Stage 6: Independence
Independence is when your investments can support your current lifestyle forever — this is what many people see as retirement. Having a balanced approach to risk, steadily investing over time, and keeping an eye on market trends can help you achieve this stage. You’ll have to be smart about how you invest and understand the markets, and some patience also helps.
The Independence stage of financial freedom is also a good time to hire an elite team of wealth managers who can offer strategic advice tailored to your investment profile and risk tolerance. Partnering with a trusted financial advisor also increases your chance of achieving the next, and last, stage much faster.
Stage 7: Abundance
Abundance means having enough not just for yourself but also to positively impact others. It’s the pinnacle of financial freedom. Now, it's not just about you — it's about taking care of your family for generations, giving back through charity, and leaving a legacy. To get to this level, you’ll need smart investments, to run your own successful business(es), and — alright, you might as well say it — a little luck can't hurt.
Managing multiple streams of income carries a certain risk, so this will require strategic management and implementation of investment strategies with high success rates. Similar to the Independence stage, working with a financial advisor can also help you streamline your wealth management strategies, but you also have to take note of what type of financial advisor works best for your current financial needs.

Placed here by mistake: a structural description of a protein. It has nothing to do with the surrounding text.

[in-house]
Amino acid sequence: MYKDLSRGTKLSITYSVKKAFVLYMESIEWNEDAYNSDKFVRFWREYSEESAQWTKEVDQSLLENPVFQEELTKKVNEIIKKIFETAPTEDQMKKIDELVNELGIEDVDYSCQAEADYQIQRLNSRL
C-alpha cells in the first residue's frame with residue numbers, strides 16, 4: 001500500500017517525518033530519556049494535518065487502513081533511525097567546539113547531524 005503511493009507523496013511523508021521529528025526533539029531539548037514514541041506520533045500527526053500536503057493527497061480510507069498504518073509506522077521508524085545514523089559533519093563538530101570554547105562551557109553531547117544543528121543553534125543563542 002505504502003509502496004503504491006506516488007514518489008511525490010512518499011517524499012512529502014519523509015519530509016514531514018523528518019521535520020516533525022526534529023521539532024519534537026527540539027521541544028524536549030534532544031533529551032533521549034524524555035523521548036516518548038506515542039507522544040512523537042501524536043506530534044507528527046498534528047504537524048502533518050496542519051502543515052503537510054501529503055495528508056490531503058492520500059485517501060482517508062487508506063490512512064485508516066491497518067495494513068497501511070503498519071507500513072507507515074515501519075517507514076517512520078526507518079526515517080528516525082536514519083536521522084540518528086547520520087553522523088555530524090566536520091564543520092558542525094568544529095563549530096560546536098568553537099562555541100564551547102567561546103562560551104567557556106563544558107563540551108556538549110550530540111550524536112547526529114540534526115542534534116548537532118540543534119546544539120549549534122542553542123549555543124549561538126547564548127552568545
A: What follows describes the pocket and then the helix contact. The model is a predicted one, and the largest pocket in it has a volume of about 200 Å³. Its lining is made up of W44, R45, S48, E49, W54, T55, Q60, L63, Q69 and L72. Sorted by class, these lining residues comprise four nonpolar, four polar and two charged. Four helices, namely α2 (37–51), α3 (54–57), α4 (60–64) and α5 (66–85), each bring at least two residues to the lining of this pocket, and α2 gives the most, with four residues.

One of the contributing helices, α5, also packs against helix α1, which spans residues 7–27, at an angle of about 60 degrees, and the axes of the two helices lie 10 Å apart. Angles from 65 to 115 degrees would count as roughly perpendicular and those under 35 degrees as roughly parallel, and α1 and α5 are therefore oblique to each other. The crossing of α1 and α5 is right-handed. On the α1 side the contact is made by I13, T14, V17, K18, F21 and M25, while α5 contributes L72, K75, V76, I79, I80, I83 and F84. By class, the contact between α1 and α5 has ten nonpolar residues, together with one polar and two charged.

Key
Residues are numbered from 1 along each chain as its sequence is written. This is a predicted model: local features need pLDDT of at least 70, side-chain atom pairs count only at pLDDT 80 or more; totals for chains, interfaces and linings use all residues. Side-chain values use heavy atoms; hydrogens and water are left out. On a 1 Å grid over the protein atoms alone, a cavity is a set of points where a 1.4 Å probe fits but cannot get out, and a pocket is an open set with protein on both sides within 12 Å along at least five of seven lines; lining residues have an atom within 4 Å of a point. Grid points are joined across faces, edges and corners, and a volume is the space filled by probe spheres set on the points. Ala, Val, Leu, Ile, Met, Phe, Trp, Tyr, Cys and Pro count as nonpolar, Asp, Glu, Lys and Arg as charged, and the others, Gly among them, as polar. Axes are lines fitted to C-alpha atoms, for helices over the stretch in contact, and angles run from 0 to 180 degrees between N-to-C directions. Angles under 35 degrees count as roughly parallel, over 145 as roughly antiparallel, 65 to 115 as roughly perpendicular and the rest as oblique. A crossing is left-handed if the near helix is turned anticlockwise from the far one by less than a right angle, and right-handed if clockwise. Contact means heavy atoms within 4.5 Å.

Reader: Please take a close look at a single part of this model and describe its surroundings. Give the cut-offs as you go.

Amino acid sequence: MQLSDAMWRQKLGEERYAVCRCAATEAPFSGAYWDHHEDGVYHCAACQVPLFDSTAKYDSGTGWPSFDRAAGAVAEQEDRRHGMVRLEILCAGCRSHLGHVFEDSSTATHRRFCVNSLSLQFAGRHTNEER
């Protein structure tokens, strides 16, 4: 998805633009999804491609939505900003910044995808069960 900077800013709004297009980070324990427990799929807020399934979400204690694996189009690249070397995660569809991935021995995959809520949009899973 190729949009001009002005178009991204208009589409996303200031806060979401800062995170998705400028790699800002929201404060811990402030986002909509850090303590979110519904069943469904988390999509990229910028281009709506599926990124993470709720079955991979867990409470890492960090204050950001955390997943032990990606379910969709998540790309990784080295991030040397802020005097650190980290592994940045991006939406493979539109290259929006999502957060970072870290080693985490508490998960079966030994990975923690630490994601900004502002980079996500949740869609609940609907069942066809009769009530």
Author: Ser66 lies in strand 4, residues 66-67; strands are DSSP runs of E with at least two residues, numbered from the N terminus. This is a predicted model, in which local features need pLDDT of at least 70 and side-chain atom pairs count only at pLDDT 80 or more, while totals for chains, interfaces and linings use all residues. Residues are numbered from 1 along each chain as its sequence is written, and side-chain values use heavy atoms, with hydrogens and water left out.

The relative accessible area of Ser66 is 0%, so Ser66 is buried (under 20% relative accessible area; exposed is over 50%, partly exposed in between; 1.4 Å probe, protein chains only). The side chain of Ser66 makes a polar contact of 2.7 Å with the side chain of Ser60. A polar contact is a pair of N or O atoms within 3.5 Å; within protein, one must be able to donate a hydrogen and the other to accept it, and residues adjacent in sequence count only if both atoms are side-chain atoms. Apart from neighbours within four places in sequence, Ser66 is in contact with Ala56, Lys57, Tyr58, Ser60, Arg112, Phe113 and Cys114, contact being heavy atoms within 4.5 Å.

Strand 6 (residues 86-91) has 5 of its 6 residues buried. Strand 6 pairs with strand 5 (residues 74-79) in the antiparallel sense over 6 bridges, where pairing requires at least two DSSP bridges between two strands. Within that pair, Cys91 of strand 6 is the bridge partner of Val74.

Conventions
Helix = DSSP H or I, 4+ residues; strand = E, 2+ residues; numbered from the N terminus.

How Working with an Advisor Can Help Your Freedom
At Plancorp we do not use the term financial freedom but many of the tenets are the same. Generally everything is working toward a comprehensive approach that aligns your finances to your life goals.
It may seem complicated, but remember you don't have to do it alone — a trusted advisor can provide direction and strategies tailored to your situation. They can guide you through the steps to financial freedom, ensuring every decision aligns with your goals and values. Let us help you evaluate your financial advisor options and create a tailored wealth management plan for you.